Oral cancer has been difficult to diagnose in it’s early, most treatable stages due to a lack of indicators that one might have oral cancer. Over 40,000 people are diagnosed with oral cancer each year, and early detection could save many of their lives. Science Daily reports:
Case Western Reserve University School of Dental Medicine researchers discovered a biomarker, called human beta defensin-3 (hBD-3), which may serve as an early warning. The defensin is present in all oral cancers and associated with the early stages of oral cancer.(Source)
Because oral cancer’s early stage appearance is so similar to common oral health problems – cold sores, minor infection, etc. It has been difficult for physicians to diagnose a lesion as cancer.
Often, the lesions are not biopsied, and cancer is not discovered until it becomes apparent in its later stages, when it has metastasized to other organs. Such a late-stage diagnosis is generally fatal and can result in costly surgeries and treatments or disfigurement that may include removing parts of the tongue, jaw and cheek. All this can be avoided with early removal of the lesion. (Source)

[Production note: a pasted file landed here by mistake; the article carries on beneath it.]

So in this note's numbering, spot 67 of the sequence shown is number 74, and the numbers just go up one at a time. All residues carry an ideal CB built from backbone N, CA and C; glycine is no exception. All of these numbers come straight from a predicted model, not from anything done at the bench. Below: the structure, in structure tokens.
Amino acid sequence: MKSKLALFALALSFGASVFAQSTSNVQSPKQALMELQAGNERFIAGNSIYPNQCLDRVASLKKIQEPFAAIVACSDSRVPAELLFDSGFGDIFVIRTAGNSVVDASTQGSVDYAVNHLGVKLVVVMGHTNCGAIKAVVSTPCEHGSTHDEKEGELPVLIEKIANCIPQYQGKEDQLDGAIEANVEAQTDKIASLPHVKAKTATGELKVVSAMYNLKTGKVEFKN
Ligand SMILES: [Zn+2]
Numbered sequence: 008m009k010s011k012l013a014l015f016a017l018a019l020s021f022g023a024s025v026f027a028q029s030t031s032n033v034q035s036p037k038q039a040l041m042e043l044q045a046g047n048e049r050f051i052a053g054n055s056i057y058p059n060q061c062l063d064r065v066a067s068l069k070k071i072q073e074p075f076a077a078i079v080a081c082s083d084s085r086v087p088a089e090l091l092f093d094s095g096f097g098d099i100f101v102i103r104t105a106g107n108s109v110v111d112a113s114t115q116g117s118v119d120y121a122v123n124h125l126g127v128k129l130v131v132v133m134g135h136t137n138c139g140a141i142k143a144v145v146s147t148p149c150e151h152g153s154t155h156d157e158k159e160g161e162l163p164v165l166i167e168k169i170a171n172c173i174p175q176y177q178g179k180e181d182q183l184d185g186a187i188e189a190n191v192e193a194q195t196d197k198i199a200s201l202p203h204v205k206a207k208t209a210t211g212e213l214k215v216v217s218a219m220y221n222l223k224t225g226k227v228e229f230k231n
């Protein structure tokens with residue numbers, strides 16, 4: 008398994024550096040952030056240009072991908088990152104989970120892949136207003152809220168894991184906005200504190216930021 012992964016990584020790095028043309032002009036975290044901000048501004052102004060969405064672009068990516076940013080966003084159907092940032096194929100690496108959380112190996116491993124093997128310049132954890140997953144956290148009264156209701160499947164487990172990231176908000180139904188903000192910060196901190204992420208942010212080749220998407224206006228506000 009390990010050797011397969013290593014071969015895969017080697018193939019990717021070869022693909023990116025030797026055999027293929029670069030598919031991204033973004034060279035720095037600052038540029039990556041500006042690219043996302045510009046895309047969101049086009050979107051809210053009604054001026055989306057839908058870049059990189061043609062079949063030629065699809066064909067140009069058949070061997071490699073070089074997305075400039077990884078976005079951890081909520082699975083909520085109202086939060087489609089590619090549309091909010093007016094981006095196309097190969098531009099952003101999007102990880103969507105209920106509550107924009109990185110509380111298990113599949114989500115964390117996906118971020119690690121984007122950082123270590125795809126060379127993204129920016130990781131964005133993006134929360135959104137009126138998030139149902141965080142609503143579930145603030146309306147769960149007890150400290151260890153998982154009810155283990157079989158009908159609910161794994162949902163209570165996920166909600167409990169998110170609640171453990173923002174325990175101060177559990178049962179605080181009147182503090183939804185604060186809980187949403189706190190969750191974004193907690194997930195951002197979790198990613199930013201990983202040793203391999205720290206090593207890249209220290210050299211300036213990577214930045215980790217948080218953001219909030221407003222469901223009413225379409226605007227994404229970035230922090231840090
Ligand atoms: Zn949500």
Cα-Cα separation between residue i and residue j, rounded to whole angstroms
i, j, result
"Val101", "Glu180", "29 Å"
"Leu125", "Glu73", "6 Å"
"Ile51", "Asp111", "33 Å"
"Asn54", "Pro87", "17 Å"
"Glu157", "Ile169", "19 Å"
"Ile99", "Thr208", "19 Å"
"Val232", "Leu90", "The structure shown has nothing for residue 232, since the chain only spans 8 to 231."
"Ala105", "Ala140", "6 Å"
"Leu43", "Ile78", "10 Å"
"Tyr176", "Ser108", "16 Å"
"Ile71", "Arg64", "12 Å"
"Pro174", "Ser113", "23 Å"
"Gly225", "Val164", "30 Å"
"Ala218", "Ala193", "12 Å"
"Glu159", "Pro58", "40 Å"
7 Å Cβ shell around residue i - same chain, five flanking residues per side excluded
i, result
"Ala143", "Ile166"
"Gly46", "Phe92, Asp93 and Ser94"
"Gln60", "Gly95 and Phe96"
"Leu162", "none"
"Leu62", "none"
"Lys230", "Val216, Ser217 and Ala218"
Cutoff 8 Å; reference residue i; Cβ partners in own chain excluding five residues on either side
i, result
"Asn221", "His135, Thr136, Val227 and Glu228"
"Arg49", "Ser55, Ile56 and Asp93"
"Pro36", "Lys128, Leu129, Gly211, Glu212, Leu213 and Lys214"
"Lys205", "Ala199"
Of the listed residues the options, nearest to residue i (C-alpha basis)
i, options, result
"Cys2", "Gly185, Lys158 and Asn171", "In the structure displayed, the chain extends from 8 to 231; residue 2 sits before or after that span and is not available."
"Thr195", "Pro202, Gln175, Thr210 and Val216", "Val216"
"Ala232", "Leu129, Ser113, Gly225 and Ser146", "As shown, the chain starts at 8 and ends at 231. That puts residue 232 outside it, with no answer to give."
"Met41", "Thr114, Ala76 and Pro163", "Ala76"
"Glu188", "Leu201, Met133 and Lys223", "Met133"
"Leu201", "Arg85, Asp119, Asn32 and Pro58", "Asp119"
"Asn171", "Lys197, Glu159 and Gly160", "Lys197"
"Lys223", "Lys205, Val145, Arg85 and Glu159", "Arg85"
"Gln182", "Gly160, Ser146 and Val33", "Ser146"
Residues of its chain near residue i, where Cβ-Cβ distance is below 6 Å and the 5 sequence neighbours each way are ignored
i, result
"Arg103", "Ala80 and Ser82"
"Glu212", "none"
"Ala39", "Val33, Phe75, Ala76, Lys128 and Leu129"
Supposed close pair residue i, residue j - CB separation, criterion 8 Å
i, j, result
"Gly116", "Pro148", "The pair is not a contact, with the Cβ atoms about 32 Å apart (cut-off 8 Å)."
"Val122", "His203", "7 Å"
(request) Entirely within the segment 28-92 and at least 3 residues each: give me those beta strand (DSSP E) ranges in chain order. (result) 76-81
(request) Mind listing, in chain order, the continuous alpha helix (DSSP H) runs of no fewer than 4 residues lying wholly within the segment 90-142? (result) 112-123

This has helped Ge Jin, head researcher on the team and assistant professor of biological sciences at the dental school, find the resources needed for him to continue researching early indicators of oral cancer.
The hBD-3 biomarker is one of many innate immune peptides found in the epithelial lining of the mouth. In a normal, healthy oral cavity, hBD-1, -2 and -3 ward off the hundreds of bacteria that constantly challenge the human immune system in the mouth.
While hBD-1 and -2 are on the frontline defense, hBD-3 is only found in the basal layer where oral cancers grow. The researchers report that the hBD-2 disappears and only hBD3 is present when a cancerous tumor progresses. (Source)
The research group will continue to study hBDs and their role in oral cancer. Hopefully their research will lead to the development of diagnostic tools that can be used to diagnose and treat oral cancer in it’s earliest stages.